Beyond that, we make the process of becoming a licensed contractor in California as easy and convenient as possible. Here are just a few of the advantages we have that other schools don’t:
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Here at CSLS, we are always writing about the perks of becoming a licensed California contractor and starting your own business. And when potential students come to visit us, we let them know we think every construction professional should earn their certification and at least have the option of branching out on their own.

But maybe we’re overselling the upside too much. To even out the other side of the equation, we want to share a few of the downsides with you, too. Here are three serious problems you’ll likely have to deal with once you become a licensed contractor and start your own company:

1. How to spend the extra money you make…
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Although thousands of construction professionals turn to us every year in the hopes of becoming a licensed California contractor, a growing number are coming to CSLS for another popular course – our licensed building inspector training program.

If you’re reading this now, chances are you’ve at least thought about becoming a licensed California building inspector in the past. Is it the right career path and/or business opportunity for you?

Only you can answer that, of course, but here are a few things you should know:

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As we have noted in the past, even the very best excuses for putting off your education won’t bring you any closer to becoming a licensed contractor and owning your own business. If you really want to take the next step in your life, it’s important to get started and generate some momentum regardless of whatever other distractions might be affecting you.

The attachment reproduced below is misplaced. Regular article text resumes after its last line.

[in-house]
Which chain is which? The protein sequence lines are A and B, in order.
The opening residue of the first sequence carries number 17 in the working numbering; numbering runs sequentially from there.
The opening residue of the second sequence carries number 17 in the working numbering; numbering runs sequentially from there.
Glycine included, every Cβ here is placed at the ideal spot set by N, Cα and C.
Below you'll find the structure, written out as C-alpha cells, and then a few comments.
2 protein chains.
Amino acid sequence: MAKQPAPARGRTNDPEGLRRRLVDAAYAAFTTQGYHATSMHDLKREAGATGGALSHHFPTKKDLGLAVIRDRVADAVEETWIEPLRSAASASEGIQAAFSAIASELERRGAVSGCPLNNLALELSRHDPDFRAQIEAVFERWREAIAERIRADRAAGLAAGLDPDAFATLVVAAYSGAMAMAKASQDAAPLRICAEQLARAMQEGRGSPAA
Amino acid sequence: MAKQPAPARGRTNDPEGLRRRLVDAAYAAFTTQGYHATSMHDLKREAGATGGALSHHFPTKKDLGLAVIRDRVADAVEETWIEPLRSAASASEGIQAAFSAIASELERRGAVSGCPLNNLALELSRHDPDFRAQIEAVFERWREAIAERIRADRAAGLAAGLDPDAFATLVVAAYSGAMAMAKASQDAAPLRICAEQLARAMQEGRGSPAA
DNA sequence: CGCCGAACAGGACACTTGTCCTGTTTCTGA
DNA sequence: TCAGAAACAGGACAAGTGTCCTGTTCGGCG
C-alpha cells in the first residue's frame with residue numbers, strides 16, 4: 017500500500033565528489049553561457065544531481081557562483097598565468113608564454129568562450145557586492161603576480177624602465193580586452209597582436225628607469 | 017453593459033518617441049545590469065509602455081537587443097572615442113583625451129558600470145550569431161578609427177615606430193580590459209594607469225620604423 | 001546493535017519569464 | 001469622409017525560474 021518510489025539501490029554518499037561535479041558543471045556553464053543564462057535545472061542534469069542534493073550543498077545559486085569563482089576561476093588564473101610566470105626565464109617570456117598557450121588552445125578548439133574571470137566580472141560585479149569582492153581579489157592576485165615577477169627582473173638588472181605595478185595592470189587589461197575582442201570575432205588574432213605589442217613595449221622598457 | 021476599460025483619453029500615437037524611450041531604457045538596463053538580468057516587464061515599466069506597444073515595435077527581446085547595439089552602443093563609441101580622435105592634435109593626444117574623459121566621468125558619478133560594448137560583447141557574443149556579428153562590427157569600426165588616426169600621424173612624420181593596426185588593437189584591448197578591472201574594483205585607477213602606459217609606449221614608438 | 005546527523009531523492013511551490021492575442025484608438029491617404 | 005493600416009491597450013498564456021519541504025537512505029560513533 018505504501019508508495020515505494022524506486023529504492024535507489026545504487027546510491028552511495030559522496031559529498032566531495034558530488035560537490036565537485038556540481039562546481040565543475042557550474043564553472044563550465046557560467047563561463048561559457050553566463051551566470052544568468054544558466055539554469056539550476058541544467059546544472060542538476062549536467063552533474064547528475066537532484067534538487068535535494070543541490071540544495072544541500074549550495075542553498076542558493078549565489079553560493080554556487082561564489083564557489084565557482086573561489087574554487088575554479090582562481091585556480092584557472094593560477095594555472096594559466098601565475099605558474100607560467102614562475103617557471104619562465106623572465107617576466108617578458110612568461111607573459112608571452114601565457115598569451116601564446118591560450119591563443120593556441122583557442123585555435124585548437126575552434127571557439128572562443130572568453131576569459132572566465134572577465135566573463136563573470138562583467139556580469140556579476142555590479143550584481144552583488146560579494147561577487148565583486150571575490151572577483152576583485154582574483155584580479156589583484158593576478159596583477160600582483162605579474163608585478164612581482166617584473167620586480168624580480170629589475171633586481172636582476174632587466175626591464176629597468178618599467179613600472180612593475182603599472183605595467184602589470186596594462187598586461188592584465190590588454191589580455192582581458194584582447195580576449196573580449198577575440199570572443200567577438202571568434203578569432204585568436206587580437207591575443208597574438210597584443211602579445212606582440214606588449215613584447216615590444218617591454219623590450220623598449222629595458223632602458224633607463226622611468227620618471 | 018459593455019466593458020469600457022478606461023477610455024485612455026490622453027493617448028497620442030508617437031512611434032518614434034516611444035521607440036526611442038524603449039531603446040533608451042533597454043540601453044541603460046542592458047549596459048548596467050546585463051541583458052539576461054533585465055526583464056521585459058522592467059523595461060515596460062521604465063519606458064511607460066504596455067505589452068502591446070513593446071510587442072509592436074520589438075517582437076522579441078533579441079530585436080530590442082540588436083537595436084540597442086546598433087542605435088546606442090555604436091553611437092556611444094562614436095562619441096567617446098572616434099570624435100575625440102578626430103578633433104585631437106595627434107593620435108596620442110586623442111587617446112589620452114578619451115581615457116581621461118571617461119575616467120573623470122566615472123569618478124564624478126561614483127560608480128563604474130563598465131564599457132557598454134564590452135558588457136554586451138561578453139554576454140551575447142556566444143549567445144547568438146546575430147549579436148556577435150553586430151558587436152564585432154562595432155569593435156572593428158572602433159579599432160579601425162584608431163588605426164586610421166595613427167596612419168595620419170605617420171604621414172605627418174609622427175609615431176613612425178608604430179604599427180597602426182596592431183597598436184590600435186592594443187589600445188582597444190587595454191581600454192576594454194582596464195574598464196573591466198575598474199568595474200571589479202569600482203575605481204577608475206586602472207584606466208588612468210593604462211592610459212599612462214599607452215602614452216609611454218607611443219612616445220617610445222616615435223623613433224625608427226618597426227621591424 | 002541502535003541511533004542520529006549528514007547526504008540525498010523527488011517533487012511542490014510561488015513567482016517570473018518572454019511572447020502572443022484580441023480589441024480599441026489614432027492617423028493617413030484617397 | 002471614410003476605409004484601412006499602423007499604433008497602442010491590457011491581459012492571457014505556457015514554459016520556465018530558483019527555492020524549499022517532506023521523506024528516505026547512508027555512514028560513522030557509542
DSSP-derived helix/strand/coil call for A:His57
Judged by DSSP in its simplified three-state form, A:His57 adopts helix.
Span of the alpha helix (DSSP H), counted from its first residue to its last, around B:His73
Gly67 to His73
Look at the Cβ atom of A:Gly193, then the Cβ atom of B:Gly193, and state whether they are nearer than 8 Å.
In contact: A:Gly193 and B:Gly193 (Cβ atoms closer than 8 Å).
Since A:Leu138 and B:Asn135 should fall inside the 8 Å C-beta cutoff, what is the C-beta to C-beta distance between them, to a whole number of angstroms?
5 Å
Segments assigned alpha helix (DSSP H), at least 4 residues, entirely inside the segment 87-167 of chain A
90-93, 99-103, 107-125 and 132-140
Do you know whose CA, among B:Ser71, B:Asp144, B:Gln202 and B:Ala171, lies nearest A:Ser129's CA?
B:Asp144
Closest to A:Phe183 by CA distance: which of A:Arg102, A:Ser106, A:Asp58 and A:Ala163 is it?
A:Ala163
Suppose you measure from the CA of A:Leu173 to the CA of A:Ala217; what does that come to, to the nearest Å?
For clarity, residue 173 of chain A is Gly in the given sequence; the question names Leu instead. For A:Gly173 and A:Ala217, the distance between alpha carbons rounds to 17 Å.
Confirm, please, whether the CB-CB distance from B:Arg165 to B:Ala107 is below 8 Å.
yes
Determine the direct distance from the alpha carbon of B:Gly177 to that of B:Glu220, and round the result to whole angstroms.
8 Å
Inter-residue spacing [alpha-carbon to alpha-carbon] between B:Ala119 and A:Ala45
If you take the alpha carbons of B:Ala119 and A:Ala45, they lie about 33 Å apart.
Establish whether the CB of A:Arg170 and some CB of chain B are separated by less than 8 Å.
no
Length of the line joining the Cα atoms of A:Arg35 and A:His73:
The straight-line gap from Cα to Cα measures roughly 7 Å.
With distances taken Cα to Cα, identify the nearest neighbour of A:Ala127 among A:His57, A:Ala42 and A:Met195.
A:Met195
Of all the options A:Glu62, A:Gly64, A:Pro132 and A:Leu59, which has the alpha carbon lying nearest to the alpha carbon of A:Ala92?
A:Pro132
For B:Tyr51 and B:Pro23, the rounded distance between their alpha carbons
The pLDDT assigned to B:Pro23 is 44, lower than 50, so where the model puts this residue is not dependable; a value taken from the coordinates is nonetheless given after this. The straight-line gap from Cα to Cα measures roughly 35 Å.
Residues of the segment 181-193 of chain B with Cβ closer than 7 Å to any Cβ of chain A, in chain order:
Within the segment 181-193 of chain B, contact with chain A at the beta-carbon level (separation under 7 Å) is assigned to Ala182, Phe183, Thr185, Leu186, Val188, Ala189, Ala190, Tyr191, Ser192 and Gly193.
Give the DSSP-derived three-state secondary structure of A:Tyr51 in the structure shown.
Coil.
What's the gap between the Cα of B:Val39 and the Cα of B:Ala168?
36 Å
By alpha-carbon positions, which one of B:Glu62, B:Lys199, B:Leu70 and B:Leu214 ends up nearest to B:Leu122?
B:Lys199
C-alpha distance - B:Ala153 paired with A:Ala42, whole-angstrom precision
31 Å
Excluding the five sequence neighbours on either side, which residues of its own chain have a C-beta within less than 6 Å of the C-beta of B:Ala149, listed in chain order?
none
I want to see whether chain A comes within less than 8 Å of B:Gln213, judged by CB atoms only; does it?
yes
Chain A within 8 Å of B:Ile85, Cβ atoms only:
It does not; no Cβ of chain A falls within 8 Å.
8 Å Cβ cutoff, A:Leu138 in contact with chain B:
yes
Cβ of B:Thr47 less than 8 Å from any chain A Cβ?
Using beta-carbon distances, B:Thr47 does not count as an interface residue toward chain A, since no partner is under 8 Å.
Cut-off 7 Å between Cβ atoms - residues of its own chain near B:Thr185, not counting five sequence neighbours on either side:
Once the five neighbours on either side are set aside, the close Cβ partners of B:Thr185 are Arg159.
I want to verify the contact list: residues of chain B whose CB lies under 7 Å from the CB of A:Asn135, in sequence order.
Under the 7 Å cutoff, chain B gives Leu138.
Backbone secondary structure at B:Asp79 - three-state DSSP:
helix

To see what we mean, here are the four worst reasons to put off earning your California contractor’s license:

1. You think you don’t have the time. A lot of our new students are squeezed for time, but this is still a terrible excuse. Why? Because saying you don’t have the time now implies that you will have the time in the future. For most of us, that’s just not true – you either make it a priority and get started now, or you’ll keep finding excuses down the road when you’re just as busy.
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Most of your time and energy will be spent on projects you’re awarded, but what happens when a customer decides to go in a different direction? This can be an important question to ask, especially if you’ve put a significant amount of time or energy into a construction proposal.